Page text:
One of the most important responsibilities for interns in Congressional offices is to provide personal tours of the United States Capitol to constituents visiting Washington. The tour route begins in the Crypt, weaves through the Old Supreme Court Chamber, and then visits the venerated Rotunda, with its impressive paintings of early American history and larger-than-life statues of larger-than-life leaders such as Reagan, Lincoln, King Jr., and Washington.
After the rotunda, the tour moves into the Old Senate Chamber. From 1810-1859, during the “Golden Age of the Senate”, the nation’s upper legislative body debated issues ranging from westward expansion to slavery in this hallowed hall.
While each Hill intern has his or her own signature style and approach to giving a Capitol tour, almost every single intern-turned-tour guide will tell the same story before entering the Old Senate Chamber: in May 1856, a staunchly anti-slavery Senator, Charles Sumner, had just finished giving a two-day long speech on the Senate floor, decrying the evils of slavery and calling into question the morality of anyone who supported the institution. A certain Representative from South Carolina, Preston Brooks, took exception to Sumner’s words, and decided to march across the capitol building, into the Senate Chamber, and brutally beat Sumner over the head with a cane as retaliation for his words.
The United States Senate website describes the state of the nation at the time of Brooks’ bloody attack on Sumner as “suffering from a breakdown of reasoned discourse that this event symbolized.” Rather than relying on debate to resolve our nation’s most pressing public policy issues, men resorted to barbaric acts of violence, and eventually war, to settle their problems.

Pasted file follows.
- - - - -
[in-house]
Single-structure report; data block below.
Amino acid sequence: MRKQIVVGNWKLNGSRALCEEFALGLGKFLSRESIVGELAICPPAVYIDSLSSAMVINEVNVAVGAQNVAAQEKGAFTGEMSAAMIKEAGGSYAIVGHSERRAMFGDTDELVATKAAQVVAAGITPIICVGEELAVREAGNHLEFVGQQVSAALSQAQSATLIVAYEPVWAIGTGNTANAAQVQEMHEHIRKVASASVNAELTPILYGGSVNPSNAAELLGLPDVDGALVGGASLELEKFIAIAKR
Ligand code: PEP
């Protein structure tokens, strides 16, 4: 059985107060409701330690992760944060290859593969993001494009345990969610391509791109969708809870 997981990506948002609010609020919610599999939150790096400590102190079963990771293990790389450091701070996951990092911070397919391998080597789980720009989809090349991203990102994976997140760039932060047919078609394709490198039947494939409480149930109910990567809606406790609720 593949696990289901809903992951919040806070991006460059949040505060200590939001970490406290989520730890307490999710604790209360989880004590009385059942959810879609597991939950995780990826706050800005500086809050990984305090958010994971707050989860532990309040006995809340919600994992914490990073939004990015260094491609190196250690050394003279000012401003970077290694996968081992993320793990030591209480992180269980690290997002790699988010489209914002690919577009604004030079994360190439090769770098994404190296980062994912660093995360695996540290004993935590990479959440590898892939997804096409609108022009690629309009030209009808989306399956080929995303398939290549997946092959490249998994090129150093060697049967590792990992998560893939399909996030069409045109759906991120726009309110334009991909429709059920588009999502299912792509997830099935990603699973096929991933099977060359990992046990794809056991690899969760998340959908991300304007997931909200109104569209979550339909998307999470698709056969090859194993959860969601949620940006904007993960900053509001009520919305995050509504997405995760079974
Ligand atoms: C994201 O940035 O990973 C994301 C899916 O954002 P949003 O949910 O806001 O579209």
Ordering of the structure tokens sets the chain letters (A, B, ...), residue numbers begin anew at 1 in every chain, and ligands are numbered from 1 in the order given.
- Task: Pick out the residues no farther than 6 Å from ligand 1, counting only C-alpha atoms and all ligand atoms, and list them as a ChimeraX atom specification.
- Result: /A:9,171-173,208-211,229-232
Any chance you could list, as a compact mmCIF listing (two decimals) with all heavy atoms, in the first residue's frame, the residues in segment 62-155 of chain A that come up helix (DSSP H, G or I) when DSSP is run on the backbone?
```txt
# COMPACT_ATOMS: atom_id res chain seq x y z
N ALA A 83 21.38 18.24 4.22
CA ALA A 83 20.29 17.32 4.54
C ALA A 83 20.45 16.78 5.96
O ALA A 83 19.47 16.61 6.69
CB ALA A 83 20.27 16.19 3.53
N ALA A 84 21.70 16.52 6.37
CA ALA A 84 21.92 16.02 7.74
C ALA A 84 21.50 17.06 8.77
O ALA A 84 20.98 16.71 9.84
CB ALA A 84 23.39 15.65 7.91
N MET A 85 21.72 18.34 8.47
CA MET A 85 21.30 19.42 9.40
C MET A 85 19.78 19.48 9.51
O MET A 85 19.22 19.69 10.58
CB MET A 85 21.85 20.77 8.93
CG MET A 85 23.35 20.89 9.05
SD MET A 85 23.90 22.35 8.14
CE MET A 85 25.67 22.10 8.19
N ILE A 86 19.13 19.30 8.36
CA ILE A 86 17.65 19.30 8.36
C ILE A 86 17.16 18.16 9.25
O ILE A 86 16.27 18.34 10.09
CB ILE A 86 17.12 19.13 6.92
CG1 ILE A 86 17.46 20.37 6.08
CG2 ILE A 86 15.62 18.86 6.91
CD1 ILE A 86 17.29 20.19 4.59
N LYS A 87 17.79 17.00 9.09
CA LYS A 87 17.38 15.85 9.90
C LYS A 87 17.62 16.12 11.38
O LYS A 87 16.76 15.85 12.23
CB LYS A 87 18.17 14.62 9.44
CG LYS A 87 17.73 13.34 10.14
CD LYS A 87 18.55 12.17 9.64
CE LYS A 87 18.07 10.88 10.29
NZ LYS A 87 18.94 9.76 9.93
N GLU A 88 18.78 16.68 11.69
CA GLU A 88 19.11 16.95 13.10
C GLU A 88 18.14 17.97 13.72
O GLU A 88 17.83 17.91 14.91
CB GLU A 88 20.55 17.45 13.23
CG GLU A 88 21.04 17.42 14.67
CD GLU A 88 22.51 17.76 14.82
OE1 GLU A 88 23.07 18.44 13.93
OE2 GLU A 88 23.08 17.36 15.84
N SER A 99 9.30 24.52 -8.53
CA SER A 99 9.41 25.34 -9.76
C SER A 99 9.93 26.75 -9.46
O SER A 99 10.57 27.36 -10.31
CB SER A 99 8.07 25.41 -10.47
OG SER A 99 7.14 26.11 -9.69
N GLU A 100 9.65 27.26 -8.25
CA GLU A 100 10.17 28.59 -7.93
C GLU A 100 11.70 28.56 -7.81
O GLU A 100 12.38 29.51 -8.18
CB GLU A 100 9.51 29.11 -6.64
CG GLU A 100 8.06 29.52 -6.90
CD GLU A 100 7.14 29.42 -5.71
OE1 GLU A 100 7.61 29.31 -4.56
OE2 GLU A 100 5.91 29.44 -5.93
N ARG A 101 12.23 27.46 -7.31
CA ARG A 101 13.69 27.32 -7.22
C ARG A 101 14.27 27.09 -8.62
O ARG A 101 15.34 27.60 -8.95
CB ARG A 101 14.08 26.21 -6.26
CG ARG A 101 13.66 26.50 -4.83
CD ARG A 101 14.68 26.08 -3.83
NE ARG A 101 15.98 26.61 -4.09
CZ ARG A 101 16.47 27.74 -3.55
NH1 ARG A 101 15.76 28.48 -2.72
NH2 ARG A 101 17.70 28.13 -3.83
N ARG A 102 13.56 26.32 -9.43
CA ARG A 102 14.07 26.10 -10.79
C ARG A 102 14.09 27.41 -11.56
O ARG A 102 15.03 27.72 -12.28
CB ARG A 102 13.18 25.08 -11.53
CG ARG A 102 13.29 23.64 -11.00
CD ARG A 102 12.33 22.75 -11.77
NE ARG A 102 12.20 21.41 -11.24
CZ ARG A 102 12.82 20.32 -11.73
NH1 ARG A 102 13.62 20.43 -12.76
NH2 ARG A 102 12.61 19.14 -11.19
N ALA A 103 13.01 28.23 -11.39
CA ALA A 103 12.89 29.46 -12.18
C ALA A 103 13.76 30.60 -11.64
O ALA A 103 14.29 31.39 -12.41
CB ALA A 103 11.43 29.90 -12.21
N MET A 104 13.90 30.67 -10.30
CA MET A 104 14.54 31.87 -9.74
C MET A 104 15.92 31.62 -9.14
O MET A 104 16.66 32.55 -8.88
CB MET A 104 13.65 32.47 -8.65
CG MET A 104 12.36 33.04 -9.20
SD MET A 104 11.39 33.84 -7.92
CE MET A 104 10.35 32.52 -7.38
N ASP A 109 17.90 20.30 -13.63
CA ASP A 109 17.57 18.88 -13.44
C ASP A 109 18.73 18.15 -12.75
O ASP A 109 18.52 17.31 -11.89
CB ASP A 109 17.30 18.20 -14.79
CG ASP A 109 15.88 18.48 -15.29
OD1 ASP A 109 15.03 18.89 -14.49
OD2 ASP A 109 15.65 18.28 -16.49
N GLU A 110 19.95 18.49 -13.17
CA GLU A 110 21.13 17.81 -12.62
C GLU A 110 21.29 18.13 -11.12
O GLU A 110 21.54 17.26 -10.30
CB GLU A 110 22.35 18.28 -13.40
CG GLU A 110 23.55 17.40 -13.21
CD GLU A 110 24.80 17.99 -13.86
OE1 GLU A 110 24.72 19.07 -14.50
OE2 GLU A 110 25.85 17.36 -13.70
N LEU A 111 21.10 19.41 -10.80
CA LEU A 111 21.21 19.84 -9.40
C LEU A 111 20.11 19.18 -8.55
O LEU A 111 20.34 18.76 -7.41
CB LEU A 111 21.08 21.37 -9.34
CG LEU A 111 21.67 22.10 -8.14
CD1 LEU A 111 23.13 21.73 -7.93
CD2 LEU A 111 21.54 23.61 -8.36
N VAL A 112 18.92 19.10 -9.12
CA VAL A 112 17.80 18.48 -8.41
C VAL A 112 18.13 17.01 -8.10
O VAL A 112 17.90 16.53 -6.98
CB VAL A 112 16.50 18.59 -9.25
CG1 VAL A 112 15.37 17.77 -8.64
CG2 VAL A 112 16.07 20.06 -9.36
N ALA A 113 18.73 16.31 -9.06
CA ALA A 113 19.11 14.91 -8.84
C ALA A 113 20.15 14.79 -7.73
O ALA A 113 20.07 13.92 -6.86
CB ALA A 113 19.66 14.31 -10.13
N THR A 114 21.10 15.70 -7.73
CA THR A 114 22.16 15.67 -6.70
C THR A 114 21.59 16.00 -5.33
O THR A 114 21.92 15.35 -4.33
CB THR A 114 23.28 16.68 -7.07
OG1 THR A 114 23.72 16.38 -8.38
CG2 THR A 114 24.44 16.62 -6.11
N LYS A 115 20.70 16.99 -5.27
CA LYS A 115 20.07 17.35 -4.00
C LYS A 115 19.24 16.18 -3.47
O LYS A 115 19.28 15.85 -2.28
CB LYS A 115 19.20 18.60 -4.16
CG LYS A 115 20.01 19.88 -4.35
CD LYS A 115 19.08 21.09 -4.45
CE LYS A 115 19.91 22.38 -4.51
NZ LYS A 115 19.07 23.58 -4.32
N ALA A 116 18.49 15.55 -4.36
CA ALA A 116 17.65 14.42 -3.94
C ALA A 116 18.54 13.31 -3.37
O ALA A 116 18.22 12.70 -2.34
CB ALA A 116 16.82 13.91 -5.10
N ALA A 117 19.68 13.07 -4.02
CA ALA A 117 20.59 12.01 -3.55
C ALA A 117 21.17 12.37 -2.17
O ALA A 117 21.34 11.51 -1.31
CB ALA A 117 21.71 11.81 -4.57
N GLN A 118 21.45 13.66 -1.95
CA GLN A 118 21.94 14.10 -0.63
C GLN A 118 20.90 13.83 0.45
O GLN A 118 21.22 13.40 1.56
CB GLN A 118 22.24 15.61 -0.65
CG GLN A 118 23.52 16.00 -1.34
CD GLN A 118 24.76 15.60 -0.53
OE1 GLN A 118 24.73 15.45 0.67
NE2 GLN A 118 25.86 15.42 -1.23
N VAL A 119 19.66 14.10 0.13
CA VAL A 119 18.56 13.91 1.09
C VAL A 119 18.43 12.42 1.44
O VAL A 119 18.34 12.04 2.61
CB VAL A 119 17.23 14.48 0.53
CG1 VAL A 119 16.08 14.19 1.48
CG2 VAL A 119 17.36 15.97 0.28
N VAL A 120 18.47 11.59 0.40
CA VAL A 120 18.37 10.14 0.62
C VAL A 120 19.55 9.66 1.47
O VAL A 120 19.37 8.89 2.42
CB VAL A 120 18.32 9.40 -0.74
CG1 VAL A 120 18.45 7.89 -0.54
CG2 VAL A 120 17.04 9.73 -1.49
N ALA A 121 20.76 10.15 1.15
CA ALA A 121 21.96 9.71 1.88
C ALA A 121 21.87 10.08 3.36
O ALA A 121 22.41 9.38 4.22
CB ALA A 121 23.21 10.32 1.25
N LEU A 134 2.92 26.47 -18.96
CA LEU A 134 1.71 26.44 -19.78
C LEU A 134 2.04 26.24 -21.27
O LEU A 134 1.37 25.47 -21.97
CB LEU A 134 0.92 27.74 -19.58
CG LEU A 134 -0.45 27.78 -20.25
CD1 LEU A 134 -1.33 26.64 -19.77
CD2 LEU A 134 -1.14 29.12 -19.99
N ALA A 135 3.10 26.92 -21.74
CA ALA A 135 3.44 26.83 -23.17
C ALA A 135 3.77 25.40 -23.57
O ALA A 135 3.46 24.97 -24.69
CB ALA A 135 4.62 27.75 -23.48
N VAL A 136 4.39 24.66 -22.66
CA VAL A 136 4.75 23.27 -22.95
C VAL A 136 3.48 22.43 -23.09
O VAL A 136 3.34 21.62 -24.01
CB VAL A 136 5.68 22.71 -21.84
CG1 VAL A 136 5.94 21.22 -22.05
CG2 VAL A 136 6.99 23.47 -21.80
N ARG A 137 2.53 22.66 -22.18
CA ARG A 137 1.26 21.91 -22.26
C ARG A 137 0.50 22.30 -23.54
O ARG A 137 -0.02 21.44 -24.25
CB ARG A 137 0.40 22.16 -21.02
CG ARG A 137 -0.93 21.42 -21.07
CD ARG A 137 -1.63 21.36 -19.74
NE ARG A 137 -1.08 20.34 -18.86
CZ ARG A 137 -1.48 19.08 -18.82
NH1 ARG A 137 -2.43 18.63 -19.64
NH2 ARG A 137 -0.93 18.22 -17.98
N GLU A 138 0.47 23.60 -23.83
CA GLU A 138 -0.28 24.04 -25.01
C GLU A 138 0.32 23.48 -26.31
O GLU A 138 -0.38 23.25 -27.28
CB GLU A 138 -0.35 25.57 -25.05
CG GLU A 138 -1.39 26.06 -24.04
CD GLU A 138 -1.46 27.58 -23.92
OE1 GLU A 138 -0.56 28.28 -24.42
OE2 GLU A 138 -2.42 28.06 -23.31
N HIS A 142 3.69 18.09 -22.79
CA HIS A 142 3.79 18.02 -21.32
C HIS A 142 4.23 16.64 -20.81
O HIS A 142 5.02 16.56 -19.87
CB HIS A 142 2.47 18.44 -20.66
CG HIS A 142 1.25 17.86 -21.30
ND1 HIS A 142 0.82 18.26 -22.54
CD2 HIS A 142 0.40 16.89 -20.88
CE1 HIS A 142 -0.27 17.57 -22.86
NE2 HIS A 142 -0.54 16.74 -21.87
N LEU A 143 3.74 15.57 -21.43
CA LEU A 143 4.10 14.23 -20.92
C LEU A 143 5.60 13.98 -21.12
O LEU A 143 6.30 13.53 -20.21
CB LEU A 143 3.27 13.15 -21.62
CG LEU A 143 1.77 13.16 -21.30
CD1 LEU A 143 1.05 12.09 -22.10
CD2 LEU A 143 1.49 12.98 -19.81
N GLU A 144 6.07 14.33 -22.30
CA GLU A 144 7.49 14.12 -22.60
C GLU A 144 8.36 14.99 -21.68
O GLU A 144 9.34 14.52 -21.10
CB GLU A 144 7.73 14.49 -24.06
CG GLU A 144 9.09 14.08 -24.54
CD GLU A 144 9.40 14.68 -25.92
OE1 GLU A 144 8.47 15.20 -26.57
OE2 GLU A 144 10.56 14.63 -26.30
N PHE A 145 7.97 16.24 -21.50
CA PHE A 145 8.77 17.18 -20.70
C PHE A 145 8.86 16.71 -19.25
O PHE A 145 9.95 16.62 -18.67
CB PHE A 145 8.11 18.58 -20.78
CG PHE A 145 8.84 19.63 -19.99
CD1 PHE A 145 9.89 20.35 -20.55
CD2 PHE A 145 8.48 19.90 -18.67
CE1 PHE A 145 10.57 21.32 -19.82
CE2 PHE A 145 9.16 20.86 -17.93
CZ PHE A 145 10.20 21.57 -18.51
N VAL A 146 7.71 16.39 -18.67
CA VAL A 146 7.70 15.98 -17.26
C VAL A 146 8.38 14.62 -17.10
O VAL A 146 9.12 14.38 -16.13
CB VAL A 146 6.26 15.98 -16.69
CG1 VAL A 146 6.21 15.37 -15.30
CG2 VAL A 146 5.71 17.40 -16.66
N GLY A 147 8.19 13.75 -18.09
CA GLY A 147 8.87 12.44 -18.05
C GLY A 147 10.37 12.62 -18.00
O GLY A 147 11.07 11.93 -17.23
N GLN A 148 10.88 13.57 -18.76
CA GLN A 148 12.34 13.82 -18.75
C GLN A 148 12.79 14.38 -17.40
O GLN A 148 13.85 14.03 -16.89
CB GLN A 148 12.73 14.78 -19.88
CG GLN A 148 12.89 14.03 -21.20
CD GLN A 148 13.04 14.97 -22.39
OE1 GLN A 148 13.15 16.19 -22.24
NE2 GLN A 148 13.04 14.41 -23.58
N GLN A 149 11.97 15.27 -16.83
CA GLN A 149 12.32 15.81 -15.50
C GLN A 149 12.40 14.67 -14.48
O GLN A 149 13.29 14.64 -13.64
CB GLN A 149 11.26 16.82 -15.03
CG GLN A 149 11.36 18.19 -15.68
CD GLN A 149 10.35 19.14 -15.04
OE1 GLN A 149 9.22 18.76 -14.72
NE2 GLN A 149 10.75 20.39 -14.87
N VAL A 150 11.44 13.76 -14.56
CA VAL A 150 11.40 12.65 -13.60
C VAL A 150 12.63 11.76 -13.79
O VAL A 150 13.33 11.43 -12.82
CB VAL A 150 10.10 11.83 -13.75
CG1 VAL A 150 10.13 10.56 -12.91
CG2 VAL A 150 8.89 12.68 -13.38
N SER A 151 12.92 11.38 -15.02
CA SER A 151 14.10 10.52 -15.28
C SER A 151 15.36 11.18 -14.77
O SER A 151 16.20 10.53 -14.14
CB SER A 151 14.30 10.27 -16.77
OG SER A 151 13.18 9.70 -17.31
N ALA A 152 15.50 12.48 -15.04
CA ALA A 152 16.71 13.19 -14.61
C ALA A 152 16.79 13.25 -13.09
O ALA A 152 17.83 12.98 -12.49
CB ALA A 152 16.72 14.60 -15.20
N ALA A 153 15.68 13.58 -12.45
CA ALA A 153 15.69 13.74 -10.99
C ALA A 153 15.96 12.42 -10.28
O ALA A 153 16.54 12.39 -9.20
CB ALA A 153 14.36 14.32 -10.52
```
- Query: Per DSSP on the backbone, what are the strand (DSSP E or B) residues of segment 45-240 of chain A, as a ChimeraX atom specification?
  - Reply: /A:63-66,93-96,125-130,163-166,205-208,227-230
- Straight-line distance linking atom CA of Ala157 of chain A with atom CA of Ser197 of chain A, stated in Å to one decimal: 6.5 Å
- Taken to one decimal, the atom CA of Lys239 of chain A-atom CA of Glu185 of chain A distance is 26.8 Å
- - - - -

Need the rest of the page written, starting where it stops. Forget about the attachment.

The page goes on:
On June 14, 2017, a man approached a baseball field in Alexandria, Virginia, and opened fire with a semi-automatic weapon, intending to kill as many of the Republican lawmakers assembled there as possible. While we cannot be truly sure of his motives, an examination of his actions leading up to this event indicate that his political disagreements with the lawmakers on the field, along with some level of mental instability, combined to cause his violent outburst.
Almost immediately after Wednesday’s attack, lawmakers on both sides of the aisle displayed refreshing cooperation in condemning the attack and calling for a reduction in the incendiary political rhetoric that has become commonplace in our society.
While I would like to believe that America today is a long way away from the “breakdown of reasoned discourse” that caused a man to assault another on the floor of the Senate, I believe that the events of this week should serve as a valuable reminder of the necessity of respectful dialogue in our current political climate, and that no matter how divisive the issue, there must always be an opportunity for peaceful resolution.
By: Drew Cooper